Rabkin Book Review Carried in Weekly Standard

Professor Jeremy Rabkin has written a review of Soviet dissident Natan Sharansky's third book, Defending Identity, that appeared in the August 25 edition of The Weekly Standard.

One of Sharansky's main concerns in  Defending Identity, says Rabkin, is the way progressive opinion, even among human rights advocates, has focused negatively against the United States and Israel in recent times, resulting in a weakening of the political coalition of democracies by the refusal to distinguish imperfections in generally democratic countries from governments resting entirely on repression.  Sharansky further argues, Rabkin tells us, that people of strong identity are the people most ready to fight for their freedom, and that those who have "democracy without identity" are not able to resist those who possess "identity without democracy," thereby falling into a pattern of appeasement.

Who Are You? The Weekly Standard, August 25, 2008. By Jeremy Rabkin.

"In The case for Democracy Sharansky emphasized that the longing for freedom is universal because everyone would prefer to live in a free society rather than a 'fear society.' Here he acknowledges a large complication: Individuals don't just want to feel safe; they want to feel connected to something larger than themselves. They want to defend their 'identity' as well as their personal safety.

"So he criticizes the tendency among human rights advocates to demand public neutrality toward religion in ways that end up stifling religious identities. He criticizes the French law prohibiting women from wearing veils in French schools. He criticizes American liberals for worrying so much about 'separation of church and state' that they end up suppressing or marginalizing the public expression of religious views. Restricting people in the name of human rights will repel potential allies in the cause of freedom.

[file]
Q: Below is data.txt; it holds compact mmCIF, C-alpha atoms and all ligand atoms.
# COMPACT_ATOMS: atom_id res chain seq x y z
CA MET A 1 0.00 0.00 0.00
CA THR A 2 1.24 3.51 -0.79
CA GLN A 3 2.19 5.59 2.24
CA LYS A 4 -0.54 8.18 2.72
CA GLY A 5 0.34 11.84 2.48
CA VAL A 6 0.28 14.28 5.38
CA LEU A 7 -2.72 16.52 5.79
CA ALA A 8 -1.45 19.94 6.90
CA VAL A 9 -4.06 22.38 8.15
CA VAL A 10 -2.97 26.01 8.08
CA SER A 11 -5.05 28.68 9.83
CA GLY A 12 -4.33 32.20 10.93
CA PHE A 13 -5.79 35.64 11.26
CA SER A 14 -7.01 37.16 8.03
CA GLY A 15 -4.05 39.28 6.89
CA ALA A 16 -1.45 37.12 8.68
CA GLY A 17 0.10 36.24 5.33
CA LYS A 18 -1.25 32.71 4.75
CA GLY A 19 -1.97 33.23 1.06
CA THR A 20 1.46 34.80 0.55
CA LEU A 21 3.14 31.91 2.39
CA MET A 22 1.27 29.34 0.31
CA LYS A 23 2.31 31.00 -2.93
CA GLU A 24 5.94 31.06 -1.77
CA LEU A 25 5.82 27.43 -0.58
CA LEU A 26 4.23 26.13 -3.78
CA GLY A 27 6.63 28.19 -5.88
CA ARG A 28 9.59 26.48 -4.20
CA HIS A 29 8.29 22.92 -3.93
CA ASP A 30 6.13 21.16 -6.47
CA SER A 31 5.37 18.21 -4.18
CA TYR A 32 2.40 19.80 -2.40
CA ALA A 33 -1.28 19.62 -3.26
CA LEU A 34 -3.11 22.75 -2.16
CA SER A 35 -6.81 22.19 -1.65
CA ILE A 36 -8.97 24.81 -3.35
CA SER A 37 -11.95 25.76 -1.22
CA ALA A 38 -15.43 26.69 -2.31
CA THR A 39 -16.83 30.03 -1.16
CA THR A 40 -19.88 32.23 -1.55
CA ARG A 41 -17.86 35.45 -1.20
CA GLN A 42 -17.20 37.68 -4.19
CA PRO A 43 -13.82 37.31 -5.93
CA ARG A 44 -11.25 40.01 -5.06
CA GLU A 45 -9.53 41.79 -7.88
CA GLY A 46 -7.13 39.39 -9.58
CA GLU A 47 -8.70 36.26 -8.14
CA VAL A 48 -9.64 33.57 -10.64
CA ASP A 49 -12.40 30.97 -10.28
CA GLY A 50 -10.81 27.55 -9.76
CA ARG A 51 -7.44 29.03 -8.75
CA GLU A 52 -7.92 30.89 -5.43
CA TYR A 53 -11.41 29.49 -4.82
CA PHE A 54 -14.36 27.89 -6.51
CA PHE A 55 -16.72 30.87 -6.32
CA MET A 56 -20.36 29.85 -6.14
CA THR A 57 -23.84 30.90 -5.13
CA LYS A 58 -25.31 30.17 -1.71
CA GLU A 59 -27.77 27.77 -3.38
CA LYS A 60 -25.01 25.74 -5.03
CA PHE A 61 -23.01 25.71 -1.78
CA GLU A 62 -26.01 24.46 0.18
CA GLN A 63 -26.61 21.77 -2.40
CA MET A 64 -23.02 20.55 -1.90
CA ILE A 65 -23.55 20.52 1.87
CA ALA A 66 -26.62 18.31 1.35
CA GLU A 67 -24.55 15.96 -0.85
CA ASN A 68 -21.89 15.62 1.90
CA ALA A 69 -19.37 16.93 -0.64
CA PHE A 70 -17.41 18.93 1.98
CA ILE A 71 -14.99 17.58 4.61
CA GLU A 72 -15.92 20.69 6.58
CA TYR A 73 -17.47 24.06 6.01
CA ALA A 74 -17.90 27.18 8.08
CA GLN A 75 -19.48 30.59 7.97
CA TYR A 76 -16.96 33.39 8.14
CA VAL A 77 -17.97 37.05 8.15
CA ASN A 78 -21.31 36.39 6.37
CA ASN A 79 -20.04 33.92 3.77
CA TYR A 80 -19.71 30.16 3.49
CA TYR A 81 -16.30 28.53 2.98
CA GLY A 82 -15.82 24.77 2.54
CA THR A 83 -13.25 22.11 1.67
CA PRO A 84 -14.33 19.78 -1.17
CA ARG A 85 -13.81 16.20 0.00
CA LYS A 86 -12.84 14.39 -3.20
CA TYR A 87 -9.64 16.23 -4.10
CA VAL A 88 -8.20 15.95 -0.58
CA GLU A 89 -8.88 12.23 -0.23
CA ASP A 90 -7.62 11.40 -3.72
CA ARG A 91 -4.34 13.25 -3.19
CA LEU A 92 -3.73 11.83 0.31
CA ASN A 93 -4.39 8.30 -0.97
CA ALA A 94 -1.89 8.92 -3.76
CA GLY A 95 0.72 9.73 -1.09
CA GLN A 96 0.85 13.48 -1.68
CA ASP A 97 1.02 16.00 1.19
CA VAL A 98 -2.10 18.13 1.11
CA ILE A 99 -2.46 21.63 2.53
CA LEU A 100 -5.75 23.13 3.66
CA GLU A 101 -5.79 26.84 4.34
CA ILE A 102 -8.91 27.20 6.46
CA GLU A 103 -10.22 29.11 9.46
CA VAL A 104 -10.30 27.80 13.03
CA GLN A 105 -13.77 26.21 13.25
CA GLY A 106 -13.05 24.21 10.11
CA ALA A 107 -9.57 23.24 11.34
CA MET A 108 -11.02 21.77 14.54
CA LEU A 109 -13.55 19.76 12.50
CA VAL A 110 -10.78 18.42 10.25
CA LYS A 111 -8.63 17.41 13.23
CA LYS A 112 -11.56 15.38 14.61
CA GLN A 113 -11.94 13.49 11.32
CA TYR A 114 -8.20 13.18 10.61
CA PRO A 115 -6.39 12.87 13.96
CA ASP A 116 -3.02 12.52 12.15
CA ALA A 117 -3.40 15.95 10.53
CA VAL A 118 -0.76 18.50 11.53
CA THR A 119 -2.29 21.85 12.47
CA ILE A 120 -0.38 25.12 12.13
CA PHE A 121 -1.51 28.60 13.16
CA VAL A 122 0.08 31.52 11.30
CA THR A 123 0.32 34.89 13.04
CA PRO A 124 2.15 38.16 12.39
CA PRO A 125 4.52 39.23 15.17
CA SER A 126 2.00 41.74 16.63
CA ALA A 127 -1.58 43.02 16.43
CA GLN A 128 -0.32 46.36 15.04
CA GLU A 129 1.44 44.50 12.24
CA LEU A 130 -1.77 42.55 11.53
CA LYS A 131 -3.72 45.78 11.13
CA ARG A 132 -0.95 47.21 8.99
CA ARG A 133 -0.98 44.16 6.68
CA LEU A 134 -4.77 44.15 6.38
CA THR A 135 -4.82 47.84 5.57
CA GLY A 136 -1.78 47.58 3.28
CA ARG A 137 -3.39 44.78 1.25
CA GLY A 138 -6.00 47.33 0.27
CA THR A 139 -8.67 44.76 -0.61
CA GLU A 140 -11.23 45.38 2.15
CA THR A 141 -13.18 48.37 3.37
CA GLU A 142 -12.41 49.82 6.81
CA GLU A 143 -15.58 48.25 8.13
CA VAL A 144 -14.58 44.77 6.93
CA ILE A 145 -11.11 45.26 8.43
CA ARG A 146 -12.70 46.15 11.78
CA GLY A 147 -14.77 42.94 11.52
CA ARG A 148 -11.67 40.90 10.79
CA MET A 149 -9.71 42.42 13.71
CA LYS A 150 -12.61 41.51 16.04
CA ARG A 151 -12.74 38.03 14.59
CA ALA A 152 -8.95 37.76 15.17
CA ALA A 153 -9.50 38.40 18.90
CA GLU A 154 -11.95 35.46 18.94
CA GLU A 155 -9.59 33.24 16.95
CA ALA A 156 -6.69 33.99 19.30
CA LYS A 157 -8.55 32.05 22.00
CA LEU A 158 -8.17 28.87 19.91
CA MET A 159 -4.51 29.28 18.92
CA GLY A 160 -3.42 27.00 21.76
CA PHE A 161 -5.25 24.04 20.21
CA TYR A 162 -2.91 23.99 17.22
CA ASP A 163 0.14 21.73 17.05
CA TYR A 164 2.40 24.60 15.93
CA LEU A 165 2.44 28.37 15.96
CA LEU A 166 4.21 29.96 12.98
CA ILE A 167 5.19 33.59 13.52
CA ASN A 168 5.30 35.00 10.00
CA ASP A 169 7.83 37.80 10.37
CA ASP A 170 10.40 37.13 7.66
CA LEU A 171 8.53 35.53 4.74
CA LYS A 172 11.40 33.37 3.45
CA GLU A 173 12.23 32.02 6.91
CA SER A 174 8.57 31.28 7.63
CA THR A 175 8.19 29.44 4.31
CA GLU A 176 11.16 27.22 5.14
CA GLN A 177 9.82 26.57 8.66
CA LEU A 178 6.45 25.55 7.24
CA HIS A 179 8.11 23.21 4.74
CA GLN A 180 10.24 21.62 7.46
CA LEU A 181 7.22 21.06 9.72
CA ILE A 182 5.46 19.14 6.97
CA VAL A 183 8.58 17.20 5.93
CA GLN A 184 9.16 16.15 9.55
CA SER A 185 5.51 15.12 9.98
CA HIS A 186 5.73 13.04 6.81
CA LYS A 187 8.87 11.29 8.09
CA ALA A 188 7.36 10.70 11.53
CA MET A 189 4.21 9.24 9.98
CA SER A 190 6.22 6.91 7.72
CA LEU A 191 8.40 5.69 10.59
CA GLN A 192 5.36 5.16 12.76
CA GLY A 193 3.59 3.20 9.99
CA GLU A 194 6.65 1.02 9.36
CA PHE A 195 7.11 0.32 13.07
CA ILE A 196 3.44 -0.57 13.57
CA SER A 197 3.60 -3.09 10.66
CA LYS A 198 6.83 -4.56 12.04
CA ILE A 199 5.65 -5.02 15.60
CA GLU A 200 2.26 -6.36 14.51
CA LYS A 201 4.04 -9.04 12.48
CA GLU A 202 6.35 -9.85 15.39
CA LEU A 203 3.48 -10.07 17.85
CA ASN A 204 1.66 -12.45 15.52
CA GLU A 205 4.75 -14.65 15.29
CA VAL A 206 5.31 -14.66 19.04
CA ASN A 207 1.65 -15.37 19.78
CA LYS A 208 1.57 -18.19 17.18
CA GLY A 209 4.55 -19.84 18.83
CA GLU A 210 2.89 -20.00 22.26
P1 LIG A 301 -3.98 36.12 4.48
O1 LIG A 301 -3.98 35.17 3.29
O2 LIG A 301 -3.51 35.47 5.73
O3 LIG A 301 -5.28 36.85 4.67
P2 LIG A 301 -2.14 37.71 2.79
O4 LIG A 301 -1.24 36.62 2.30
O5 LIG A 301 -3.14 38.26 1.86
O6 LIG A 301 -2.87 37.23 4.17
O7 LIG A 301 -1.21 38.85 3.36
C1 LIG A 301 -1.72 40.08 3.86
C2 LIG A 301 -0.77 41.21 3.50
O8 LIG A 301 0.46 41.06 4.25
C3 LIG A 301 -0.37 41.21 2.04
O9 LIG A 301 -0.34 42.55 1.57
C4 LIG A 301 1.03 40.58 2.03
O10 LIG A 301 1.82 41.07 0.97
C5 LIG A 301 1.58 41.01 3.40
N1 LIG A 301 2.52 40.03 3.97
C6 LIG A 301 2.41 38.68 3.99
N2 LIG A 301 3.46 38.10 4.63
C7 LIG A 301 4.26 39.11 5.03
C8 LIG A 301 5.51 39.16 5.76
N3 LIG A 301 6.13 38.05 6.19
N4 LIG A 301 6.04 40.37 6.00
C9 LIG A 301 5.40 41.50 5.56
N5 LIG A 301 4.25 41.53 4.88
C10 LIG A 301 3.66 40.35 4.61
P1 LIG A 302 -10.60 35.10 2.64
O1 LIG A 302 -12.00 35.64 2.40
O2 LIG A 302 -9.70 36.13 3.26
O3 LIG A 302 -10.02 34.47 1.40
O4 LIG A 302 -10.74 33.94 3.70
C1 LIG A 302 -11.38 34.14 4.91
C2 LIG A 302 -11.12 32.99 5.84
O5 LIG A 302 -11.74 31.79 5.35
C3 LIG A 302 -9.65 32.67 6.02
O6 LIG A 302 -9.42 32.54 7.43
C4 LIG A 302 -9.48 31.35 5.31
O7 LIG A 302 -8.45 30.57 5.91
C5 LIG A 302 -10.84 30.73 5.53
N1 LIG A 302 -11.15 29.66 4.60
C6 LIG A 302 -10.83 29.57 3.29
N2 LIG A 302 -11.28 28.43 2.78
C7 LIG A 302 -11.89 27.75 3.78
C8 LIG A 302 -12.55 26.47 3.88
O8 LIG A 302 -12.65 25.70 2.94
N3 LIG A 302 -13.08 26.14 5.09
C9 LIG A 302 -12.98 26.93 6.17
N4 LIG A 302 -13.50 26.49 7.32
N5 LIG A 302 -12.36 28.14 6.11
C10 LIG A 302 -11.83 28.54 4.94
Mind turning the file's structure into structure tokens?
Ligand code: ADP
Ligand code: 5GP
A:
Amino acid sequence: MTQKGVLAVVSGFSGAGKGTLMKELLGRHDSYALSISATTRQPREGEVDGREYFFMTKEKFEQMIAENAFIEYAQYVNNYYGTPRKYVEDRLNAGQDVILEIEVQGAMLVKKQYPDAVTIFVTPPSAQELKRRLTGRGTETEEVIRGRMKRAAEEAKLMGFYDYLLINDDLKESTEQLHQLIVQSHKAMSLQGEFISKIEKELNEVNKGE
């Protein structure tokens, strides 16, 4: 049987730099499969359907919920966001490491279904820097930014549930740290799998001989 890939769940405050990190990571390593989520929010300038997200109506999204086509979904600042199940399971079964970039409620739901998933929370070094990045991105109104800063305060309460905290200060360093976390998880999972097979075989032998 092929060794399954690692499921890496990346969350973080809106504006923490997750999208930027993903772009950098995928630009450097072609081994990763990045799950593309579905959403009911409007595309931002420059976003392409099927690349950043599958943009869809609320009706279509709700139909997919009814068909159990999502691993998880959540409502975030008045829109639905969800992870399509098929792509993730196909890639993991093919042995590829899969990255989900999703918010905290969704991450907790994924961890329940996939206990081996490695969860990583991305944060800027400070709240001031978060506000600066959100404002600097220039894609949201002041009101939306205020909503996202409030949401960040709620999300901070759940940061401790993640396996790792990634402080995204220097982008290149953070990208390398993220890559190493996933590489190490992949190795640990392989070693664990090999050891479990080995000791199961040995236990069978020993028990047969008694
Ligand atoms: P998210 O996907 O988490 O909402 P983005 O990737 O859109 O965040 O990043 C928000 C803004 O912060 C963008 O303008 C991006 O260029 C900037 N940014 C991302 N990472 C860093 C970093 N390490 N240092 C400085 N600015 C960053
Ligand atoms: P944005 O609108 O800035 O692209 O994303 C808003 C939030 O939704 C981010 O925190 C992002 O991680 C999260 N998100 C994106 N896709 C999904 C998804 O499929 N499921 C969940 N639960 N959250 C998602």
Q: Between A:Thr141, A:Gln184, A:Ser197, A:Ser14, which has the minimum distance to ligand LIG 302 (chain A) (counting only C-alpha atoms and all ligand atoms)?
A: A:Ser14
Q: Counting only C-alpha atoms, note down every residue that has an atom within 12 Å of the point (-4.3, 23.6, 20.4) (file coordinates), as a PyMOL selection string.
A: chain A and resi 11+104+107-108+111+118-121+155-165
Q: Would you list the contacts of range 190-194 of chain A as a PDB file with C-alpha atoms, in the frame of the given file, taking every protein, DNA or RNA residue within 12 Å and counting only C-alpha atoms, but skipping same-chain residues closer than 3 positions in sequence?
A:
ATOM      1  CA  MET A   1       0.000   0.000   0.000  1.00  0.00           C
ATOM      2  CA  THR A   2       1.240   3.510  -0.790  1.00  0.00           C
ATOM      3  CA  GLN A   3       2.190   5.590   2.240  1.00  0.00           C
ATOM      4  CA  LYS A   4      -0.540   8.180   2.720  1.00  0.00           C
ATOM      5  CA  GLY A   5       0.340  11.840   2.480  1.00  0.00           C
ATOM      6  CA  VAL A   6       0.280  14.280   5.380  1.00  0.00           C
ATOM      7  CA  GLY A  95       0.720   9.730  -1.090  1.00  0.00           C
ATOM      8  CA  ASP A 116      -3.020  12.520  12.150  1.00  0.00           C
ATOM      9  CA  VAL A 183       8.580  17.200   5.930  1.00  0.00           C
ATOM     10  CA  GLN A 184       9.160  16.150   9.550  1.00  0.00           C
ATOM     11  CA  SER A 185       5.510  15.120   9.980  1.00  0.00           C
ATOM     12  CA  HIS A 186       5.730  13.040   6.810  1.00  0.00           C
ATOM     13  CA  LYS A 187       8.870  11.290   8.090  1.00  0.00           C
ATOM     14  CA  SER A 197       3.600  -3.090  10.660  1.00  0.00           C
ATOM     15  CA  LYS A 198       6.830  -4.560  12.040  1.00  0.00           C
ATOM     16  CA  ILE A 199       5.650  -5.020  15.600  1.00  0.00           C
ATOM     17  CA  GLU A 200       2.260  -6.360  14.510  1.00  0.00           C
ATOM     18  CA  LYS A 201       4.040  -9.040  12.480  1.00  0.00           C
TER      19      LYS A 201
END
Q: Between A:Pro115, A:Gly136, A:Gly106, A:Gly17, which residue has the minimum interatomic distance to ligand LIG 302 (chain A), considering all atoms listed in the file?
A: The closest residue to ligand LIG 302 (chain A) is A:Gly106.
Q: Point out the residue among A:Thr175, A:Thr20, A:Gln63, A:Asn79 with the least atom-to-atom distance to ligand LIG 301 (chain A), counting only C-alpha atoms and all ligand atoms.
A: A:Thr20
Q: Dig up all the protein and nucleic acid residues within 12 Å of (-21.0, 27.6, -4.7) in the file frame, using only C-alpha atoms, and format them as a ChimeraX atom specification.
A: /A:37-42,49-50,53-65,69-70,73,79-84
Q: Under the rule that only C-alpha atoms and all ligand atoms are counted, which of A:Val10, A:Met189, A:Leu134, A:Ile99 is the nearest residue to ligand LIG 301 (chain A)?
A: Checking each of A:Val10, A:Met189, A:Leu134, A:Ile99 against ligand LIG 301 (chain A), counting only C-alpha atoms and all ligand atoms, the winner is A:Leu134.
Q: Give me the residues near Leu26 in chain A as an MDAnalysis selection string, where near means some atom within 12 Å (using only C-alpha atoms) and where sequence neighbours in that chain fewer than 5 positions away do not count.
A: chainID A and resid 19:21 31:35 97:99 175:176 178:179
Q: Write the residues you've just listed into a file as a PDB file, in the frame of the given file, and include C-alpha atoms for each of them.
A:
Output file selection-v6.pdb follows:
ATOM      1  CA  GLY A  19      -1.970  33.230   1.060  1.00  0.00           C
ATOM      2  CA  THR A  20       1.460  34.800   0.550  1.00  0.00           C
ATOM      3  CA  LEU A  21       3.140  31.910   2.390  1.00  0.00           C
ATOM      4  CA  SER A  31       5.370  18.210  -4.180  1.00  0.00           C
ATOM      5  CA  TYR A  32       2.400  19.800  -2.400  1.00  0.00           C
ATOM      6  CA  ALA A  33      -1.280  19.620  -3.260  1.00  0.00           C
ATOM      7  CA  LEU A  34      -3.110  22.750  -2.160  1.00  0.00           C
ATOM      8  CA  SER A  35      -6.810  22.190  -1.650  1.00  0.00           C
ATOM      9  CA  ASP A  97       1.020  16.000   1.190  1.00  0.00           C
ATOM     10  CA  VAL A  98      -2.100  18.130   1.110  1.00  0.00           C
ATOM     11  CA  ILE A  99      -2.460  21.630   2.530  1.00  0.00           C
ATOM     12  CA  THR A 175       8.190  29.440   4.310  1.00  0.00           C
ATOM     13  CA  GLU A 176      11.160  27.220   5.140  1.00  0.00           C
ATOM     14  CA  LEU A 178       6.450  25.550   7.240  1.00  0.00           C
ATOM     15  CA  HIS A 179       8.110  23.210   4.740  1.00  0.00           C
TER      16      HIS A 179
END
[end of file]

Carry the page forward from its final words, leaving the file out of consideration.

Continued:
"Sharansky's deeper point is that people of strong 'identity' aren't just potential allies. They are the people most ready to fight for their freedom. They are the people with the most courage, and he gives several examples from his prison experience. The prisoners most likely to resist intimidation were Pentecostals, Ukrainian nationalists, and so on. Their very particular commitments gave them very particular reasons to resist Soviet tyranny.

"By contrast, those who are only for human rights are often unprepared to take risks for their cause. Campaigns for 'peace' in the 1970s and '80s tended, as he notes, to advocate appeasement of the Soviet Union-and were, for that reason, encouraged and nurtured by the Kremlin (at least in the West). In a somewhat similar way, Sharansky protests, the cause of human rights has been hijacked at the United Nations by Islamic states, who subordinate all other concerns to their campaign against Israel. Western human rights advocates have accommodated this perverse priority rather than lose access to international forums or risk unpleasant confrontations with Islamist organizations."

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